Over the past decade, unmanned aerial vehicles (UAVs, or “drones”) have grown increasingly more sophisticated and affordable. With the pairing of drones and similarly flourishing digital video capture technology, many commercial real estate developers have embraced drones as a quick, inexpensive method for surveying vast tracts of property. For example, the popular DJI Phantom quadcopter allows operators of all experience levels to capture high-definition aerial footage and includes features like a camera stabilization system, live video streaming to your mobile device, and twenty-five minutes of uninterrupted flight time. Such a tool can save development companies untold numbers of hours spent surveying various properties by foot or ground vehicle, and at a scant fraction of the cost of chartering a helicopter or airplane.
However, the Federal Aviation Administration has recently created obstacles to commercial drone usage. Citing concerns for national airspace safety, the agency has insisted that anyone operating a drone for business purposes must secure explicit permission from the FAA before doing so. According to FAA.gov, “only two [unmanned aircraft system] models (the Scan Eagle and Aerovironment's Puma) have been certified for commercial use, and they are only authorized to fly in the Arctic.” Meanwhile, hobbyists and other users with non-commercial intent are exempt from these regulations; says Gregory McNeal, contributor on Forbes.com, “If a realtor films buildings for fun using a remote controlled quadcopter, that’s legal. But if she takes that same quadcopter and films buildings as part of her job, that is illegal.” FAA.gov verifies this statement.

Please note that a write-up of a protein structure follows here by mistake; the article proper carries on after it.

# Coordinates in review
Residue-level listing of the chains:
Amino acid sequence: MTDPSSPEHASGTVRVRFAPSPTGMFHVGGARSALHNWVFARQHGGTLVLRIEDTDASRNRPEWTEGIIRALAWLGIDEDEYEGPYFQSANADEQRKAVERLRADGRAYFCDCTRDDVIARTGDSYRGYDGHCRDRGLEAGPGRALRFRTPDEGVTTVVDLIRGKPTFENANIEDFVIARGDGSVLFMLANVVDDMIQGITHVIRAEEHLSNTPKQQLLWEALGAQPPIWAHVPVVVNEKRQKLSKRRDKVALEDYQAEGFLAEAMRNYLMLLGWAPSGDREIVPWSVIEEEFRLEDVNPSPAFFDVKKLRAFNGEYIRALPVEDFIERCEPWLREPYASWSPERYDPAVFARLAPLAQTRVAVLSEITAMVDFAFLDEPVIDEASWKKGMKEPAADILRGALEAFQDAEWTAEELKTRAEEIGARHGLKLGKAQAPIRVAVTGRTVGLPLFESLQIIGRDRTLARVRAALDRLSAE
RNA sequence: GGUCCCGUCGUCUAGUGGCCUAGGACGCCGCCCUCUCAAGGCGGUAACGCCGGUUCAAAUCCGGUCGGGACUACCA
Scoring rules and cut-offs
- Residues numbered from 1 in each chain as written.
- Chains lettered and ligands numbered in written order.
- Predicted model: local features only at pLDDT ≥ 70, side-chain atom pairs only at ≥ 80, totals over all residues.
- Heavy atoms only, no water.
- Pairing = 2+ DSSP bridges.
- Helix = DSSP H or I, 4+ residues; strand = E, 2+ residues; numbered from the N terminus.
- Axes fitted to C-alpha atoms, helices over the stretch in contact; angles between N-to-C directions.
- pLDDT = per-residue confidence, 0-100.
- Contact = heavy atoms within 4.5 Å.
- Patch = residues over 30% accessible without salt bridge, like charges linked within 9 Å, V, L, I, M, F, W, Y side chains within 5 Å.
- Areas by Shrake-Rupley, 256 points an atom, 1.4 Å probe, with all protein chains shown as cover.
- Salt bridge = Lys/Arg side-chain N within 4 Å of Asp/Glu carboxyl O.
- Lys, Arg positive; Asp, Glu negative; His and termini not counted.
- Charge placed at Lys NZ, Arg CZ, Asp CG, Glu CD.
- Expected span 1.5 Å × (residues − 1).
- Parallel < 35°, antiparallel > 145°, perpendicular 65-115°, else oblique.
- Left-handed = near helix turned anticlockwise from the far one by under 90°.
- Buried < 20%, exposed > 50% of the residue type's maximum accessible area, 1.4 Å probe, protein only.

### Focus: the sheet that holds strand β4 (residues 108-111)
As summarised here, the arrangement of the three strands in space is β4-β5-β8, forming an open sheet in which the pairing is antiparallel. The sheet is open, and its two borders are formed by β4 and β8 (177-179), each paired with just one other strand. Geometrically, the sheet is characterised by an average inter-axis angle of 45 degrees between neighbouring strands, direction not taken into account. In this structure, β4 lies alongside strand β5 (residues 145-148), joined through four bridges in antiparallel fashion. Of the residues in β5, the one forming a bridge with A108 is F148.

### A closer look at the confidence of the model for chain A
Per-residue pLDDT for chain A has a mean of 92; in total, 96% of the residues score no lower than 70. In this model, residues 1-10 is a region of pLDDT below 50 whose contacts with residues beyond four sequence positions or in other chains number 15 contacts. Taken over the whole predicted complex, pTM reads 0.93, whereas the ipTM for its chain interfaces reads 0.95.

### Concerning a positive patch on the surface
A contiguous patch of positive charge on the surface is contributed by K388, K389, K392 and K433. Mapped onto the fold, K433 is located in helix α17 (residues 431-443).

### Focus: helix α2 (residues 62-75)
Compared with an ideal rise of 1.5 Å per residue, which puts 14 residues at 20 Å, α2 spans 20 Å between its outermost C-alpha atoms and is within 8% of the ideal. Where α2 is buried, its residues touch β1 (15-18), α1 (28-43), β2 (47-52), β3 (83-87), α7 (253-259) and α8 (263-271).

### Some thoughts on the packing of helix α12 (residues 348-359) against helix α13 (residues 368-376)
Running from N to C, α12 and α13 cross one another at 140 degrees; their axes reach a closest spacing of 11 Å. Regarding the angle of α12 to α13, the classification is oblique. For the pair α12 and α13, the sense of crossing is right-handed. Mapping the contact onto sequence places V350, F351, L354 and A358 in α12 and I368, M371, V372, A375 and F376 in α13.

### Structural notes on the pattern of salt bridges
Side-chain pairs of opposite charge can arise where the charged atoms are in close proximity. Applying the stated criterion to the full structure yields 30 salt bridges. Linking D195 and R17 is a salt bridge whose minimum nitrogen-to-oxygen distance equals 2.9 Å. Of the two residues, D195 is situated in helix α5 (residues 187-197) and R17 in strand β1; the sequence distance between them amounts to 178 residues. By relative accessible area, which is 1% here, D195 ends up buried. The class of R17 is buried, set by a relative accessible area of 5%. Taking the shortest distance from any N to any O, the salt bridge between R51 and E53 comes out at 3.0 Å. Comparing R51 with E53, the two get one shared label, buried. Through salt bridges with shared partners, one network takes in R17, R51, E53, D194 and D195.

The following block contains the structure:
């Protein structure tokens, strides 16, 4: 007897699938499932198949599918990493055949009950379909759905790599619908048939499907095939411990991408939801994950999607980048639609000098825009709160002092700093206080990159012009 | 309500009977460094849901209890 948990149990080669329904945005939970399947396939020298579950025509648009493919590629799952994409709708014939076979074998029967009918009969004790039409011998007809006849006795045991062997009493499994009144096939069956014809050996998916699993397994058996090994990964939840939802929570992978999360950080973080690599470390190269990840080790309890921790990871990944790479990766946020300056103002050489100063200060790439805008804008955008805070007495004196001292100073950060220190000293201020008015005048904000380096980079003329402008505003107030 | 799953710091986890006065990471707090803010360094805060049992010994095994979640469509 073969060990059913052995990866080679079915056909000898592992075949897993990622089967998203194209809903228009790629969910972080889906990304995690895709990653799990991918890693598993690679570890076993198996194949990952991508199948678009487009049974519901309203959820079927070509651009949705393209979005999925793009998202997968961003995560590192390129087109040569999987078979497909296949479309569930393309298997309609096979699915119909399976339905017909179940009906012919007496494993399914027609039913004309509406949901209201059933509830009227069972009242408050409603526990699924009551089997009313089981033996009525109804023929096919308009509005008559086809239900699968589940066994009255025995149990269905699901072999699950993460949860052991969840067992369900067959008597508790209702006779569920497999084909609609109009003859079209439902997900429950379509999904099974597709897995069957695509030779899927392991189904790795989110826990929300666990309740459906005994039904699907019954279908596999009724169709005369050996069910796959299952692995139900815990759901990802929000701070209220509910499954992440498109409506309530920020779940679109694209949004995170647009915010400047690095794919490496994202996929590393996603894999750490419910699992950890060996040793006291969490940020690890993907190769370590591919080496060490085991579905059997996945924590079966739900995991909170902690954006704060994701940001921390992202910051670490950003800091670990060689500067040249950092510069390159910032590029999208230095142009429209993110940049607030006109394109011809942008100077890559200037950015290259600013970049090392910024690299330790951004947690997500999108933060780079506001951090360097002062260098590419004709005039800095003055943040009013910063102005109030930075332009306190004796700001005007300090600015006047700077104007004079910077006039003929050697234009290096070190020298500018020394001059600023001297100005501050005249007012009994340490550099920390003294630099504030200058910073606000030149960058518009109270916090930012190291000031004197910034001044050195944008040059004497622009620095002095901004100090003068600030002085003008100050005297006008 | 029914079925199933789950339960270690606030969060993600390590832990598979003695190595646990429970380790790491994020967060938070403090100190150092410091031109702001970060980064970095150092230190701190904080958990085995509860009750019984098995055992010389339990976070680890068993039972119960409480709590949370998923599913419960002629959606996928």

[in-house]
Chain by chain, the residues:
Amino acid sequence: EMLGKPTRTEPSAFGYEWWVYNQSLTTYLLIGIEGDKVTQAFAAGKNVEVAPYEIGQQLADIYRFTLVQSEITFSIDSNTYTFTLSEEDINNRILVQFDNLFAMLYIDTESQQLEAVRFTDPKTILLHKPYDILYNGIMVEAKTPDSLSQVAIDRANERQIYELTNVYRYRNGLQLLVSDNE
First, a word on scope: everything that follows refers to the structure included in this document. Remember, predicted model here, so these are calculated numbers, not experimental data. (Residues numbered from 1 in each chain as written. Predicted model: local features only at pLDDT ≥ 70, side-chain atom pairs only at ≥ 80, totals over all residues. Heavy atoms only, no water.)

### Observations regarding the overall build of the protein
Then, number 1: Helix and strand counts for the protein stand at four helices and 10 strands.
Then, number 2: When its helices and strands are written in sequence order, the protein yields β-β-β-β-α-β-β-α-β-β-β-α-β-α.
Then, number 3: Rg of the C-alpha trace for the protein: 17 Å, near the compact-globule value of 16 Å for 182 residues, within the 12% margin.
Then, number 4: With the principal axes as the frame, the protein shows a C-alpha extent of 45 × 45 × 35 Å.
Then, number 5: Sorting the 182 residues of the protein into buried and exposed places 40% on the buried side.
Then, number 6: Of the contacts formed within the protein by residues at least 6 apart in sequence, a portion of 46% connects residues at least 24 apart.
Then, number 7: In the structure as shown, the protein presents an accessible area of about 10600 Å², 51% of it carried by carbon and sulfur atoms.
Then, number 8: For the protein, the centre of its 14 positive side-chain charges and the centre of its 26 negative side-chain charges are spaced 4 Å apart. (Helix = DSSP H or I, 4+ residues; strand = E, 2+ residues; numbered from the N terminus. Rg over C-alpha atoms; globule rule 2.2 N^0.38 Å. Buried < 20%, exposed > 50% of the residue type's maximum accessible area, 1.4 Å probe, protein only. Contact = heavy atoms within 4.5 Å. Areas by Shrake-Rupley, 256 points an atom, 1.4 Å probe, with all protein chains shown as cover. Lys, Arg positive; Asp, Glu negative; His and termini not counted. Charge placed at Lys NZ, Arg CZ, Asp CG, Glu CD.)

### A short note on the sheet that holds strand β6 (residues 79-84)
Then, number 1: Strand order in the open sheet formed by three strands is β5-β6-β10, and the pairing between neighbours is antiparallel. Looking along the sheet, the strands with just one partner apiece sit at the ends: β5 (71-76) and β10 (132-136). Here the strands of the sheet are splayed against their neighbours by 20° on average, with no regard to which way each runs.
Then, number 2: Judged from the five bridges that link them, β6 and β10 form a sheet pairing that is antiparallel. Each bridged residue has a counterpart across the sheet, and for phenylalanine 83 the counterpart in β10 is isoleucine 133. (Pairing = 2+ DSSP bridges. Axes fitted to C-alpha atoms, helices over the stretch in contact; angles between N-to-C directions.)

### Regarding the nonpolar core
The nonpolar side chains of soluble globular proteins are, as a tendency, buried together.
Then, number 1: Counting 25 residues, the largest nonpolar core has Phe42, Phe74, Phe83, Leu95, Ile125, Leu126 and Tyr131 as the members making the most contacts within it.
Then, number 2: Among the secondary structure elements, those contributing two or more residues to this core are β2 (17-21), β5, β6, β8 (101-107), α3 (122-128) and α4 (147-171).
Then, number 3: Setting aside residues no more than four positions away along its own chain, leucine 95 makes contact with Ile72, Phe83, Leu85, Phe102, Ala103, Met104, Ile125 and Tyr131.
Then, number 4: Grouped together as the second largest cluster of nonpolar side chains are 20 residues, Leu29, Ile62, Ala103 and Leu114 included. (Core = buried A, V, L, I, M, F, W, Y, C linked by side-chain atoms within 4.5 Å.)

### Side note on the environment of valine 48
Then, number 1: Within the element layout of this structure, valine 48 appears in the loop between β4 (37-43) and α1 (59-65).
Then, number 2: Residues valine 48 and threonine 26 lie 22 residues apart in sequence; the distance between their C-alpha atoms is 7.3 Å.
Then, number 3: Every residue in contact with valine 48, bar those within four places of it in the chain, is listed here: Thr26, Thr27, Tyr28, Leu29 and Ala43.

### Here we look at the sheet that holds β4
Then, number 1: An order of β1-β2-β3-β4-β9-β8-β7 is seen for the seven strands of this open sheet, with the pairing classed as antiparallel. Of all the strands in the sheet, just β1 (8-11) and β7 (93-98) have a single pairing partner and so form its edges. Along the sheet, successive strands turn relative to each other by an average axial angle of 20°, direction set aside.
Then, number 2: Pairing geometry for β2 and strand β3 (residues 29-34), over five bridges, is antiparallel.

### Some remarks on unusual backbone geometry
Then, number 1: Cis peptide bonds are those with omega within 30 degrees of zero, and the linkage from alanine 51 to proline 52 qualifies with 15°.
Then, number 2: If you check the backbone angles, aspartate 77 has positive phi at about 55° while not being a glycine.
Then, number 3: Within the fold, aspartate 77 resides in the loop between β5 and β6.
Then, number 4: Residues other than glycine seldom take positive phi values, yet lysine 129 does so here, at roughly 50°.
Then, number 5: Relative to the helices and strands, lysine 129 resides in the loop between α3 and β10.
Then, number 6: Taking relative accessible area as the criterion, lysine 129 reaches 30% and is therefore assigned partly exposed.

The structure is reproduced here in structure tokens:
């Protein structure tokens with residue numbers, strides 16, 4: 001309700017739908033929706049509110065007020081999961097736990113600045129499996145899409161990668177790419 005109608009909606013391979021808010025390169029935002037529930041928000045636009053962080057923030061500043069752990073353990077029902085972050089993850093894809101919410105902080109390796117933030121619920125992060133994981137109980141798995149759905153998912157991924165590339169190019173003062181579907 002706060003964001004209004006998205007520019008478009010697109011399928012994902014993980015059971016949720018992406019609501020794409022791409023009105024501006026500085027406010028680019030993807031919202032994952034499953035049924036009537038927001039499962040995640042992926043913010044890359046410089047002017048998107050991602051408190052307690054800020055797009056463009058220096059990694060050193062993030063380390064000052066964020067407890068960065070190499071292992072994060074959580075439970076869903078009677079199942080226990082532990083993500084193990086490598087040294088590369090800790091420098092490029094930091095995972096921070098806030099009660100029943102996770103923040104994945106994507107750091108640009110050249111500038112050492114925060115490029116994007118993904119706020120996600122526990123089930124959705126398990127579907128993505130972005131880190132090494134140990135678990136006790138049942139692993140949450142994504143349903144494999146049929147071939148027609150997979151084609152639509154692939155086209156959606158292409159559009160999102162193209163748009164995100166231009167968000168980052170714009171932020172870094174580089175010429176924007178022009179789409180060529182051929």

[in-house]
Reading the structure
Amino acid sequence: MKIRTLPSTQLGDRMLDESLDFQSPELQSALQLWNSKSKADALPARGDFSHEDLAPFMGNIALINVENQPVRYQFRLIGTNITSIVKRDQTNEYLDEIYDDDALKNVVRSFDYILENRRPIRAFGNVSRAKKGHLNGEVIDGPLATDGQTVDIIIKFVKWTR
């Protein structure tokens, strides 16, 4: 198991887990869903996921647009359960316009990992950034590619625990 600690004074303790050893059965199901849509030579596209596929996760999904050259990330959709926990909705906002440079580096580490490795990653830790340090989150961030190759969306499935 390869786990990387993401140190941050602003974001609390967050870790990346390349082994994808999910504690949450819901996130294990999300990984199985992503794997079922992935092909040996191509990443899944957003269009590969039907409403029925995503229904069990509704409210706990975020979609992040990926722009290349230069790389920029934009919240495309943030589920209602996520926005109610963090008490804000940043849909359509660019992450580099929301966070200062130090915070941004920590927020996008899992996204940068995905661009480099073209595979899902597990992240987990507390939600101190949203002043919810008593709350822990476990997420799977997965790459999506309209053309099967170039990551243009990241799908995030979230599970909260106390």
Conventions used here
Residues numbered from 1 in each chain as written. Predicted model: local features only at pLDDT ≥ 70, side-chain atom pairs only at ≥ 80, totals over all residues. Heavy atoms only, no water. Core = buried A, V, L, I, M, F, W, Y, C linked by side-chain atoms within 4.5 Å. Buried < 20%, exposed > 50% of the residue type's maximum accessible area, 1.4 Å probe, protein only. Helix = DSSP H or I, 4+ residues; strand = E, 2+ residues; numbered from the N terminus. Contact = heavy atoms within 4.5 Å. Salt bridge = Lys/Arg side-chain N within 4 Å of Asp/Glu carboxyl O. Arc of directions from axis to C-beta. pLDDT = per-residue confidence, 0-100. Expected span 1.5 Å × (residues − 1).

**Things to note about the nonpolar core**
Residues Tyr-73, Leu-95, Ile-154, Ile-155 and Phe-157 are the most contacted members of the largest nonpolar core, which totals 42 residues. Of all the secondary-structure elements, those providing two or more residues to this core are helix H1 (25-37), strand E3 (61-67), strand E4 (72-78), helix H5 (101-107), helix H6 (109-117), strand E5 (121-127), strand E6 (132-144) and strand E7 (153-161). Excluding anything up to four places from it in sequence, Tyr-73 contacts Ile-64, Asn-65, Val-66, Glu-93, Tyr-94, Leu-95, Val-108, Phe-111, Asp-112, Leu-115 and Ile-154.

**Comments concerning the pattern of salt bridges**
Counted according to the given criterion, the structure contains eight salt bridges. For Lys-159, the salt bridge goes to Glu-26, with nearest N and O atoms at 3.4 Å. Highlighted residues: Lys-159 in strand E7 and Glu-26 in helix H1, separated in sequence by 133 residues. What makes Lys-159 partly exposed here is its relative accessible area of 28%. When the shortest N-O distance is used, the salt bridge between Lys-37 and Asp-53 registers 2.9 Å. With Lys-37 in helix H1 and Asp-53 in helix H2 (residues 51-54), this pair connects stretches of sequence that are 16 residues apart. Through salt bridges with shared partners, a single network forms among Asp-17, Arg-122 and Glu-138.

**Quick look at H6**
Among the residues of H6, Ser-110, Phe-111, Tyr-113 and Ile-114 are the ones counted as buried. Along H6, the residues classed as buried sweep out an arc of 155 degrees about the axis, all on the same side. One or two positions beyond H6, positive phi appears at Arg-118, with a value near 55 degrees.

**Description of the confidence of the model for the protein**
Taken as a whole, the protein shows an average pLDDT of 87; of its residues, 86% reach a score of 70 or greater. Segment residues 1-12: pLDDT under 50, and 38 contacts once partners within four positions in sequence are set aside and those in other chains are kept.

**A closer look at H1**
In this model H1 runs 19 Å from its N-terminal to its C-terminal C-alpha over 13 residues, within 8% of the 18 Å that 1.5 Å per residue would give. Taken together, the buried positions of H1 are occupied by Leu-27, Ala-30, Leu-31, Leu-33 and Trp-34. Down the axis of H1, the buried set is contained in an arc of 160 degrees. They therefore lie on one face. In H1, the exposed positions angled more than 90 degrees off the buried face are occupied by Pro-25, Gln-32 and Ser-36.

As part of a mounting campaign to combat noncompliance, the FAA has begun targeting realtors—first in New York City, then nationwide—with investigations into the legality of their drone usage. In response, industry heavy-hitter NRT has instructed its members to cease “procuring drone photography from any vendor” and promises it will not “process and distribute any drone photography provided to the company by an affiliated sales associate.” (Forbes.com)
Despite its efforts to crackdown on violators, the FAA may not have the authority to impose such a regulation upon drone operators. In the recent Pinker v. Huerta case, a federal judge affirmed Austrian national Raphael Pirker’s motion to dismiss a $10,000 fine the FAA imposed on him for “reckless” and unlicensed commercial use of a drone at the University of Virginia. The FAA has moved quickly to appeal the verdict; if it stands, the agency may not have the legal authority to enforce its current ban on commercial usage of drones.